So, yes, brides still keep their dresses under wraps and other such traditions, but guys are creating ceremonies of their own.

It's quite possible that the nation's bowling clubs are being kept alive by stag parties, while grooming lounges, such as Mensworks in Auckland, are well used to scrums of groomsmen descending on them for a shave and a tot of whisky.

"I think that's part of a wider thing," says Gardi. "Being stylish was foreign to most men.

They could get by with a Swanni and black shorts if they wanted to, but I think they're embracing fashion a bit more now. They want to have more of a say in their weddings and enjoy the process. There's no reason why you can't get married on the beach in a dress shirt, tie and jandals. Everything has become extremely personalised. There are no rules anymore."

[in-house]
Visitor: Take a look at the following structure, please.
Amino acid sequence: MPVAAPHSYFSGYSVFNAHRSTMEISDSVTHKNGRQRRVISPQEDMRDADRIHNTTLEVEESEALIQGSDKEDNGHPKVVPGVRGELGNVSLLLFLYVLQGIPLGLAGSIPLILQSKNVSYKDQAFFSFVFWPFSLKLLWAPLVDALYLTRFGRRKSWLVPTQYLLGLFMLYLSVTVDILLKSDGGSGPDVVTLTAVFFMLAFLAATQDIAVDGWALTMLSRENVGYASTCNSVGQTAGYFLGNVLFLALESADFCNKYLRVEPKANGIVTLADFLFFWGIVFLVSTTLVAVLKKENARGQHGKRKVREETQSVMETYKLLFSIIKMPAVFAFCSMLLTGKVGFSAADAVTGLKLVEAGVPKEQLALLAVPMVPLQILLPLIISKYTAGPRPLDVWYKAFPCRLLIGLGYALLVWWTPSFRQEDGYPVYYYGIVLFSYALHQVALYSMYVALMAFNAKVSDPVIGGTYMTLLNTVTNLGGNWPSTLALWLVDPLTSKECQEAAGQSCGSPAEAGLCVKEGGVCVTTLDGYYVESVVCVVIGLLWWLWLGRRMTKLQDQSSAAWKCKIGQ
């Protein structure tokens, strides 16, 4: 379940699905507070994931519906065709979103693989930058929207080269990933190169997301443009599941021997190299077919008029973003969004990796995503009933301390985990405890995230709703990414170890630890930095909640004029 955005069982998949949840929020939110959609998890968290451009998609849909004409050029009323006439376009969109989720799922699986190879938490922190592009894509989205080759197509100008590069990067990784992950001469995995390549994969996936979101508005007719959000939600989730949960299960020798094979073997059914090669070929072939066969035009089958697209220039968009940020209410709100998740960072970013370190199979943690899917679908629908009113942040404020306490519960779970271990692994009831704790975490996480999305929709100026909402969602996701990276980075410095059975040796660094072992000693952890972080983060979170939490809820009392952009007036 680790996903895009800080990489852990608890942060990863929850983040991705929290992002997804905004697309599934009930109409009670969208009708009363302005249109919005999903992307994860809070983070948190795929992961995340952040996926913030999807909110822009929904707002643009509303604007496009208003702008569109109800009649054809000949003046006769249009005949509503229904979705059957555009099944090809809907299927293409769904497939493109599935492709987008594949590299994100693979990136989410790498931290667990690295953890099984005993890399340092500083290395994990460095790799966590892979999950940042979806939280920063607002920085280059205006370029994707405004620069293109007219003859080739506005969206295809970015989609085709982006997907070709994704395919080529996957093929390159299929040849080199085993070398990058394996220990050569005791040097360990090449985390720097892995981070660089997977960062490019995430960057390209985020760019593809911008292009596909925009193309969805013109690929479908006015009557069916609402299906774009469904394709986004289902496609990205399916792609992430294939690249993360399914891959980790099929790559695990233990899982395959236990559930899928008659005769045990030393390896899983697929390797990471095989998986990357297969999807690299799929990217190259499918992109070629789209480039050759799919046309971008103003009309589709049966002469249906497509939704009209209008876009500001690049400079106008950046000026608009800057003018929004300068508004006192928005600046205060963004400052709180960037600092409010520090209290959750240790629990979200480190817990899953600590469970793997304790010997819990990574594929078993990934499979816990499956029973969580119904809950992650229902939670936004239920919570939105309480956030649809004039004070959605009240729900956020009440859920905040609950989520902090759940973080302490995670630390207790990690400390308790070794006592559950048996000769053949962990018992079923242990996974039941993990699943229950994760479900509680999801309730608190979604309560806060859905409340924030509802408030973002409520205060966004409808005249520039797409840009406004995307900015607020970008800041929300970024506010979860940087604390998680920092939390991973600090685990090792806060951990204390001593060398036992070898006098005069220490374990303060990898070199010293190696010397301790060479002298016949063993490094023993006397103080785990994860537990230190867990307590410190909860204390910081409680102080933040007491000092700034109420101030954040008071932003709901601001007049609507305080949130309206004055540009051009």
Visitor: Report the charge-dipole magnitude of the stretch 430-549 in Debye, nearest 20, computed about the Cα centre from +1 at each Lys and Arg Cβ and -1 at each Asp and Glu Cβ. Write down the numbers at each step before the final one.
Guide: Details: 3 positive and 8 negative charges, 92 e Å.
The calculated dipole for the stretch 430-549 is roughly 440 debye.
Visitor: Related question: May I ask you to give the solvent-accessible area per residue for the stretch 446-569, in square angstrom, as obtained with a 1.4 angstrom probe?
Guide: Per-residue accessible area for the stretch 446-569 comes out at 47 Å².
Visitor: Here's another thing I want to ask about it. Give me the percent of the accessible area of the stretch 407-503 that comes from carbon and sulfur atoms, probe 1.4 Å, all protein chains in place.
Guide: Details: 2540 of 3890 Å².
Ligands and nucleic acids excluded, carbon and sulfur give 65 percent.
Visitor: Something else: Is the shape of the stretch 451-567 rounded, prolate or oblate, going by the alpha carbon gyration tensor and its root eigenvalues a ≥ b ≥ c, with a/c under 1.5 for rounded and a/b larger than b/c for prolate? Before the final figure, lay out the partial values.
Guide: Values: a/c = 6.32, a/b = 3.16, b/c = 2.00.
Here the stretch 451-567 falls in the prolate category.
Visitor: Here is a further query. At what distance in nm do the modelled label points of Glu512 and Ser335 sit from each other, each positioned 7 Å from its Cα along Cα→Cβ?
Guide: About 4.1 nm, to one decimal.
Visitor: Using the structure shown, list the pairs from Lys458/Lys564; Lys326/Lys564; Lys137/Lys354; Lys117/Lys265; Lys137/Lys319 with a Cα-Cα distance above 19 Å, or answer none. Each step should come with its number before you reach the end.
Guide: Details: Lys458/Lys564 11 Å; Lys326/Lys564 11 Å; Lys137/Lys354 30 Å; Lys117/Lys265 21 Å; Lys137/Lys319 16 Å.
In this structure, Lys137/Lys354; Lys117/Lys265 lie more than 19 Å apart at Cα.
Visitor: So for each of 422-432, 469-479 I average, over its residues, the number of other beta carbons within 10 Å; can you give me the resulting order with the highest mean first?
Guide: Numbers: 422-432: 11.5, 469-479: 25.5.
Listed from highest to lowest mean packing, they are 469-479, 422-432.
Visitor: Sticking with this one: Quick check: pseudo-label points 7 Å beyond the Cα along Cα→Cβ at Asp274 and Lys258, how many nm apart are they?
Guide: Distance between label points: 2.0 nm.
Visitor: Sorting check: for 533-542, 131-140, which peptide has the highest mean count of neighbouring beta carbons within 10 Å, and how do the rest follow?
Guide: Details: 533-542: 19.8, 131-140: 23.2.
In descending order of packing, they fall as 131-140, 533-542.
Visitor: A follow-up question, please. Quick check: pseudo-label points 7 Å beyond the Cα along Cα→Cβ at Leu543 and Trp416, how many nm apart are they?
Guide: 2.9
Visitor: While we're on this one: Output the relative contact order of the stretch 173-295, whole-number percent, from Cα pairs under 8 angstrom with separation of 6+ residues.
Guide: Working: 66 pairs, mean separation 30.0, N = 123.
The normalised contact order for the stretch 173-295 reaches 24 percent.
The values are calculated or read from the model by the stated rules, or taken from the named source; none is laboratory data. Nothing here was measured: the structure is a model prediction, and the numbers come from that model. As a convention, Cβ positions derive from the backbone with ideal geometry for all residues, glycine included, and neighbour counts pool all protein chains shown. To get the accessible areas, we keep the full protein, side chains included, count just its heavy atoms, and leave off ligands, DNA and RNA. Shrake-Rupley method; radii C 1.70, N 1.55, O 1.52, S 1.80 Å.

It's also because we've let our hair down, says Crane Brothers' supremo Murray Crane.

There was a time when any bloke who didn't work with a shovel wore a suit into the office but that era has long passed. Everyday wear has now, like most elements of popular culture, fragmented into whatever look makes you feel good.

Which leaves weddings as the rare occasions when you can express a formal elegance that speaks to old-fashioned notions of spit, polish and Savile Row.

"If anything, people are getting even more dressed up than they did in the past when they wore suits five days in every week. It's become an opportunity worth embracing," says Crane.

The shift, he says, has been building over the past 10 years and has grown to the point where Crane Brothers' wedding season preparation is kicking off during the wintry depths of August.